There’s also a push by the committee to learn more about a reported effort by House Republicans angling for presidential pardons after Jan. 6.
The committee disclosed Monday that White House personnel have already testified about the issue.
Just ahead of President Joe Biden’s inauguration, it was widely reported that Trump seriously entertained issuing pardons for those tied up in crimes related to Jan. 6. In February, Politico reported that two people familiar with the discussions, including an adviser to Trump, said Trump was worried about possible criminal charges.
“Is it everybody that had a Trump sign, or everybody who walked into the Capitol” who could be pardoned? Trump reportedly asked.
The 45th president believed if he pardoned people, they would “never have to testify or be deposed.”
Trump ended up abandoning the idea when he was informed it could cause him new legal headaches and fresh campaign finance scrutiny. His impeachment-worn attorney Pat Cipollone also allegedly threatened to resign if Trump went through with the plan.
Rep. Ronny Jackson on Monday slammed the request, dubbing the committee “illegitimate” and consumed by a “malicious and not substantive” agenda. He also described the investigation as a “ruthless crusade against President Trump and his allies.”
Jackson was particularly irked, he claimed, because the committee did not seek him out privately first, according to CBS.
A committee spokesperson did not immediately return a request to Daily Kos.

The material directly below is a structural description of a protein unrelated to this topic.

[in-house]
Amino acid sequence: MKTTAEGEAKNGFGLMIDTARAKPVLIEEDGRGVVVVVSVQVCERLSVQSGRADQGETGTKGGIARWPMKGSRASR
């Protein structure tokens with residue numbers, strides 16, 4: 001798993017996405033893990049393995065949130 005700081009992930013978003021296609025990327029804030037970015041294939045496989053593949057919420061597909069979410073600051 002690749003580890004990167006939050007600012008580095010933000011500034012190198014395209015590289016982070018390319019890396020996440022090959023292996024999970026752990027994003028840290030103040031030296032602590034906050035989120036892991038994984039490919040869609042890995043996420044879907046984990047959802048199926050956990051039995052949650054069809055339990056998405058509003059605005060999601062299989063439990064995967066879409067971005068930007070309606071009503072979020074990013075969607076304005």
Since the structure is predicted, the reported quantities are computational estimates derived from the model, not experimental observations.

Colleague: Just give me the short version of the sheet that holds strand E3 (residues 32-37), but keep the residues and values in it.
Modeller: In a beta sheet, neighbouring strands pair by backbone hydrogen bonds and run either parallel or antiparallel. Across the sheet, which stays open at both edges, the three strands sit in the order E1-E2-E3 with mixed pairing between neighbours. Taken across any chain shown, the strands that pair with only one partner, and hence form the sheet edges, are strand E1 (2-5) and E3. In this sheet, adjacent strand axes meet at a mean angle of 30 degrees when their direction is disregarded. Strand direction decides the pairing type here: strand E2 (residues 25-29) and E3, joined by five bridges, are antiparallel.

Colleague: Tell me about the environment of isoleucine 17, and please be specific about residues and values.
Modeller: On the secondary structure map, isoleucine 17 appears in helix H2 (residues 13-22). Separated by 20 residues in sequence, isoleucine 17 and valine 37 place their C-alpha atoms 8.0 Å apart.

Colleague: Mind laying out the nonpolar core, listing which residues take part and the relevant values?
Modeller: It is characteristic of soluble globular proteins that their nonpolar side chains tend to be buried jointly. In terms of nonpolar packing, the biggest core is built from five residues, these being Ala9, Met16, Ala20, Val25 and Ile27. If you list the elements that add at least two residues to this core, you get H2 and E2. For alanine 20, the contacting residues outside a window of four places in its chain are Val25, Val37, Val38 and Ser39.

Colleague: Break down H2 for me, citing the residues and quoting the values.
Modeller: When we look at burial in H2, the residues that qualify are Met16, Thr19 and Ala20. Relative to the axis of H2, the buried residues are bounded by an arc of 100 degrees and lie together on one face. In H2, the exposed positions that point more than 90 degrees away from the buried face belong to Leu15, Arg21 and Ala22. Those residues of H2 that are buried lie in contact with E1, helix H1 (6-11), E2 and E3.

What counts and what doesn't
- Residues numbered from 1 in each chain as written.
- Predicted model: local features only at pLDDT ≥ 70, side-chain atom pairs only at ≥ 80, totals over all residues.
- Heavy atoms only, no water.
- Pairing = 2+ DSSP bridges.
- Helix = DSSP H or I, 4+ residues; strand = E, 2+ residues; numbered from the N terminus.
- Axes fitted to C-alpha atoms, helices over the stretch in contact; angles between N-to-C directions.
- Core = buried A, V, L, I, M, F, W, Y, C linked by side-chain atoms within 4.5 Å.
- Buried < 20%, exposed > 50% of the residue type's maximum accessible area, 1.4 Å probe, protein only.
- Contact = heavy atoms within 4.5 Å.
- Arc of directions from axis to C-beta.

Jackson’s cooperation is being sought because of his potential relationship with Oath Keepers accused of orchestrating a complex, weaponized conspiracy to stop the nation’s peaceful transfer of power on Jan. 6.
Related: Oath Keepers text expose talk of security details for Trump world figures, more Proud Boys ties
Prosecutors revealed last month that in the trove of text messages seized off Oath Keeper devices, the extremist group members discussed providing a personal security detail to Jackson during the attack.
“Dr. Ronnie Jackson on the move,” one message from an unidentified person said. “Needs protection. If anyone inside cover him. He has critical data to protect.”
Other users in the chat worried about Jackson, once the White House physician to Trump.
“Hopefully they can help Dr. Jackson,” a text at 3:03 p.m. read.
Rhodes responded two minutes later.
“Help with what?” he wrote.
Within the same minute, Rhodes replied again.
“Give him my cell,” he said.
As for Mo Brooks, the Alabama Republican is being called up to discuss his comments in March when he appeared to lapse in total fealty to Trump.
Trump dropped his endorsement of Brooks’s senate run following weeks of lethargic polling.
The former president first backed Brooks a full year in advance of the primary. But in that time, Brooks—looking to shore up more moderate Republicans in a tough race—began to backpedal, much to Trump’s ire.
Brooks voted against certification on Jan. 6 and even campaigned with life-size Trump posters at his side, according to the Associated Press.
But during a pro-Trump rally in Alabama in August 2021, Brooks urged the crowd to forget about the failures of the previous year’s election.
“There are some people who are despondent about the voter fraud and election theft in 2020. Folks, put that behind you, put that behind you,” Brooks said.
He was booed and as noted by reporters on-site, he “nearly lost the crowd” before waffling again.
”All right, well, look back at it, but go forward and take advantage of it. We have got to win in 2022. We’ve got to win in 2024,” Brooks said.
All lawmakers have been asked to set up a time to meet with investigators beginning next week.
Though it was nearly a foregone conclusion that Reps. Jackson, Brooks, and Biggs would not comply, ultimately, the panel has made clear that forcing testimony from some individuals would not make or break the entire probe given the voluminous evidence already collected.
Comments are closed on this story.